The art of the wood carving in Tajikistan

Tajikistan has a rich heritage of exquisite wood carvings. Dr Larisa Dodkhudoeva from the Institute of History, Archeology, and Ethnography named after Donish talks about the origins of this art and how it transformed into a professional craft.

by Lolisanam Ulugova

The art of wood carving among Tajiks, along with many peoples of Central Asia, originated in an immemorial time, when people began using wood for various buildings.

Carved door of the main Khodjent mosque, 19th century, (photo by Zaur Dashte)

When constructing they realized that trees could be decorated with various ornaments that could significantly enrich the design of rooms (canopy, windows, etc.).

Masters mainly used species such as plane trees, mulberry, juniper, walnut, and others. Hard grades were used for the manufacturing of architectural details pillars (sutoon), poles, doors (dar), shutters (daricha), gates (darvoza), gratings (panjara), rostrums (mimbara) in mosques and madrassas (religious school), as well as for other handicraft works.

Larisa Dodkhudoeva is a native of Dushanbe, Tajikistan. She is a graduate of I. Repin Institute of Architecture, Painting and Sculpture of Academy of Fine arts in St. Petersburg. Larisa is the Head of the Ethnographic Department at A. Donish Institute of History, Archaeology, Ethnography under Tajikistan National Academy of sciences. She published 30 monographs, albums, and numerous scientific articles on Persian miniature painting, crafts and contemporary art of Tajikistan in her country and abroad.

Wood carving (kandakory) in Tajikistan is a diverse art and has several types of techniques: relief cutting (clear-cut), flat cutting, deep cutting, double-sided cutting, and facing (cladding) cutting. Large geometric shapes, circles, and other motifs with streamlined shapes are trimmed with a roller. Semi-square lines in cross-sections are for border ornamentation.

There are constructions from the 7th to the centuries AD that has been found in the castle of Mount Mug in Pargar. The carvings are diverse and are distinguished by the high technique of processing natural materials, including the usage of dagger sheaths, arrow shafts, buttons, shovels, dishes, hoops and others. Another way this craft was practiced was by making wickerworks (sabadbofi).

Wicker baskets with lids, covered with dyed leather and distinguished by their clear form and meticulous workmanship, have been discovered in the castle on Mount Mug. Before weaving, the rods were subjected to a special treatment, after which they acquired a square cross-section.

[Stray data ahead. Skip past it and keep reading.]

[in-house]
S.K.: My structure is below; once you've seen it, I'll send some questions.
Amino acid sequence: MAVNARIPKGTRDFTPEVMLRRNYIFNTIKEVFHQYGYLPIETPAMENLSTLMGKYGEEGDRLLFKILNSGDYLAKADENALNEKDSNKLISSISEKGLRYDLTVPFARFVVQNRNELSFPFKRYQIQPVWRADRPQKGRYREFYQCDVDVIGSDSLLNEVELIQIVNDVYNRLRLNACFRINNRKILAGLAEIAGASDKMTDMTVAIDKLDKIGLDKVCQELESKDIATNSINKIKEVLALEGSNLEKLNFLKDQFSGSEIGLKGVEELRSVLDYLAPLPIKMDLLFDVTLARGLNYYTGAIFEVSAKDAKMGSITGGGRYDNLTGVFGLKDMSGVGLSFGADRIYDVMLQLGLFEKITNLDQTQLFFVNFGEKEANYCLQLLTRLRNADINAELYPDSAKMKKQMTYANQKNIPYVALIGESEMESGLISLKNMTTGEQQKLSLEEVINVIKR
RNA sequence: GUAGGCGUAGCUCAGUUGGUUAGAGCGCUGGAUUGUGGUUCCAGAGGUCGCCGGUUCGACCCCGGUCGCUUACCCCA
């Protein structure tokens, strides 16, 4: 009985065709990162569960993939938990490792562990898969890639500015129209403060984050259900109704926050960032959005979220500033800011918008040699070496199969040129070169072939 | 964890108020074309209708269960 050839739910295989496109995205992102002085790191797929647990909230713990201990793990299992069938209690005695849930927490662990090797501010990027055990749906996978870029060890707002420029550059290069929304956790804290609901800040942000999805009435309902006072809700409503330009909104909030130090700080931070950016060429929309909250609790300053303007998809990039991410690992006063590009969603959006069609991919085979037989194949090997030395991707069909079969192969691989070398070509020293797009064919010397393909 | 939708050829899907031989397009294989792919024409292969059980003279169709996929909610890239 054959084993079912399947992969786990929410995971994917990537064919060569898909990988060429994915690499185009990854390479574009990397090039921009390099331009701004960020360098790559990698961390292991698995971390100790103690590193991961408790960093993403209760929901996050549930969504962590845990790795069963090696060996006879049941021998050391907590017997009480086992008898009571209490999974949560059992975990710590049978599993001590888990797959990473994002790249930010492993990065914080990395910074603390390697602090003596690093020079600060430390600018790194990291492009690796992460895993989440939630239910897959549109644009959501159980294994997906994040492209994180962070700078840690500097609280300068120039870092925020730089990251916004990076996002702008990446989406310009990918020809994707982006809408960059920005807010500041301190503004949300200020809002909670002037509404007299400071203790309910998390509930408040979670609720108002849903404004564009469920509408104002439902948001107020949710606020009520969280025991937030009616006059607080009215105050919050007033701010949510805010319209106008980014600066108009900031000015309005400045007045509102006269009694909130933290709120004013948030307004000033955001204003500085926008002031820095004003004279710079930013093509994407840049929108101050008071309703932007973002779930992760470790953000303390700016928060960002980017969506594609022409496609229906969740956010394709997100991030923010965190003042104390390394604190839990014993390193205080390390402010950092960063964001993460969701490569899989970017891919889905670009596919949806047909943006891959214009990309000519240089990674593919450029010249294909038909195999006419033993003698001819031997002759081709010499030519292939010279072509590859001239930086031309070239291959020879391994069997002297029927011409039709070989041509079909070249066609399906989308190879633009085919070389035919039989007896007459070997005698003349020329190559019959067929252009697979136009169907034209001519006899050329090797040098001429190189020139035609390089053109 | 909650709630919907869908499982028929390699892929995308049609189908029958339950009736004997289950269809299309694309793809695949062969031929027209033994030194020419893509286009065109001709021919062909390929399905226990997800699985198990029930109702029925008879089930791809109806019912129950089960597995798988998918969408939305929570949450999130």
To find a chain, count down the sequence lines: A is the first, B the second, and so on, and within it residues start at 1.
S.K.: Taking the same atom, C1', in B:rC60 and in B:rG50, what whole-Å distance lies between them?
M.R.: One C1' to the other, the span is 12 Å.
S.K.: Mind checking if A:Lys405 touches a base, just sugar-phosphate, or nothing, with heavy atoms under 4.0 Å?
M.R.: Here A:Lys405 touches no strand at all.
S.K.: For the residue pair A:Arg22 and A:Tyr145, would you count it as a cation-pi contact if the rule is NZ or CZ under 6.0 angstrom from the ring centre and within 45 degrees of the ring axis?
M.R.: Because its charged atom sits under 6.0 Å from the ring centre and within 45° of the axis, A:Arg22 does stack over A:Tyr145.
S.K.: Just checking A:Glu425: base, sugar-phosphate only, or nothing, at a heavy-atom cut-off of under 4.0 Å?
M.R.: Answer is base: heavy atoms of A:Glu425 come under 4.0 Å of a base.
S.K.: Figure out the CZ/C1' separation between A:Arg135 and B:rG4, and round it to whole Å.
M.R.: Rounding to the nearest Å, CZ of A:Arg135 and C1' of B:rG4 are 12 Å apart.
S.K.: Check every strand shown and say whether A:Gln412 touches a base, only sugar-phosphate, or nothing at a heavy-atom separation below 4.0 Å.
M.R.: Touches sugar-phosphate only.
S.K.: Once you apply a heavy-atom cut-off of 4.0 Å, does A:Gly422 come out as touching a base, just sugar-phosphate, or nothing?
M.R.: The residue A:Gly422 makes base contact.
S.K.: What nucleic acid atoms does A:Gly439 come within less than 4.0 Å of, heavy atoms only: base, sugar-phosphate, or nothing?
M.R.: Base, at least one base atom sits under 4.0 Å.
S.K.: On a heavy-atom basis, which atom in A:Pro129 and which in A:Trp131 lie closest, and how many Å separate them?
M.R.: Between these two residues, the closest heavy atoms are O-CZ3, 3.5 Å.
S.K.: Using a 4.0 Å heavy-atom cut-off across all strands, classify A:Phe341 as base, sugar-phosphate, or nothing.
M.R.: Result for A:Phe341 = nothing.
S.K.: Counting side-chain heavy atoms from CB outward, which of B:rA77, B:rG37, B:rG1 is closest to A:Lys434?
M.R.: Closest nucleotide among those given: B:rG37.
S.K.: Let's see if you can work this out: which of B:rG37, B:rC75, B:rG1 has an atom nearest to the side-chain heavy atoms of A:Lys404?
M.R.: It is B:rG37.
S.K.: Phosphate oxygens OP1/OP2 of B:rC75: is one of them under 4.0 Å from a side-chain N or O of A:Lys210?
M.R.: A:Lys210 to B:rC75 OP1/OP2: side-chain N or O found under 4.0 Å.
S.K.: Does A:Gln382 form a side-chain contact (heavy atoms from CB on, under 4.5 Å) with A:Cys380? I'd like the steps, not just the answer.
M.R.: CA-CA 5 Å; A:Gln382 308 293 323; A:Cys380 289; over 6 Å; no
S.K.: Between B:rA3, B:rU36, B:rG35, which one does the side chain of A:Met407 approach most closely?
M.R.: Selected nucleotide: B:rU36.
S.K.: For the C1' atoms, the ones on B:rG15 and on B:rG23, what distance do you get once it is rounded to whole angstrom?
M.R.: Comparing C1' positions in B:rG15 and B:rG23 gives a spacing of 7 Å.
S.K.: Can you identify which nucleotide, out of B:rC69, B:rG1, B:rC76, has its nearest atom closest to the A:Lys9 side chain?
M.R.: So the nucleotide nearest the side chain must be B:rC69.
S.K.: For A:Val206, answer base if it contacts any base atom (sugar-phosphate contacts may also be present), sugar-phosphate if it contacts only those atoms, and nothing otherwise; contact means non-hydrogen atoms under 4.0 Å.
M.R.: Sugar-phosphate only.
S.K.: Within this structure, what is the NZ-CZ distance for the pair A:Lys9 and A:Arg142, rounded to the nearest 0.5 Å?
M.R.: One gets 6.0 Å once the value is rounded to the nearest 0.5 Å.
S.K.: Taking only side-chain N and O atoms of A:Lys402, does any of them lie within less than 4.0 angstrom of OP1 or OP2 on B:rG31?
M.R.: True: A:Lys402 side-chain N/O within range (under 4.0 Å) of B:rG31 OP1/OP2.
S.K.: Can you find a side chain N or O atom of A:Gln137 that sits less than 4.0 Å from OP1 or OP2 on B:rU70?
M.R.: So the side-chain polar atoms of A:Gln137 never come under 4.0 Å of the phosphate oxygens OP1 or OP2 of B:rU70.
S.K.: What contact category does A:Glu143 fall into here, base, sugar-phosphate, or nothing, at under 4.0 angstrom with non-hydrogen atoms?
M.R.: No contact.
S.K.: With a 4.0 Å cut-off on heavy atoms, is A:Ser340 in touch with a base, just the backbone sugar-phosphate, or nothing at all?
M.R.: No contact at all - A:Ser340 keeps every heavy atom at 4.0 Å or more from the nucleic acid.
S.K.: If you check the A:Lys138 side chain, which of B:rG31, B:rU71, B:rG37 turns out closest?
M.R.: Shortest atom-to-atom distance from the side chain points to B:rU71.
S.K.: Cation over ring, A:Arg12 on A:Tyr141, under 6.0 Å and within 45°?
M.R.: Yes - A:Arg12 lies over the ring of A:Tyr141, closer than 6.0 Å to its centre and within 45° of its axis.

Wooden boxes (photo by Zaur Dahte)

The masters of Penjikent even made domes from wood, covered with carvings depicting gods, luminaries, and overlapping various buildings. There were halls housing caryatids along the walls with carved friezes (depicting deities, hunters, dancers, a winged horse, a duel of warriors, etc.), made with the technique of deep carving. Many of these monuments have been preserved in buildings that have been destroyed by fire.

Master Urunboy Fattoev working on the carving project, Ozadogon village, Sugd region, 2019, (photo by Dr Larisa Dodkhudoeva)

The oldest centres for the artistic processing of wood were in Bukhara, Samarkand, Istaravshan, Khujand, Isfara, Penjikent, and villages in the upper reaches such as Zarafshan, Yagnob and others. During the Middle Ages (specifically the 5th to 8th centuries) cities such as Penjikent, the Mug Castle, Hisorak, and Gardani Hisor were famous for their magnificent examples of carvings on the “Kandakori” tree. In the mountainous regions of Upper Zarafshan (Kuhistan) people never had a tradition of decorating interiors with murals and instead decorated them with wooden details.

Another example of wood carving was displayed at the Mausoleum of Hazarati Shah (Langar Bobo) in Chorku (near Isfara), in the oldest wooden building in Central Asia (dating back to the 9th century). This is a masterpiece of wooden architecture and carving in the form of an ivan (terrace) with carved and sculptural decoration, the purpose of which has not yet been determined.

Musical instruments made of rare wood were one of the important areas of the craft. In Ustrushan, the remains of musical instruments are found dating back from the 5th to 9th centuries AD. In Badakhshan (at the Zumudg burial ground), a harp from poplar, lute, and dutar, were found all dating back to the 5th to 6th centuries AD.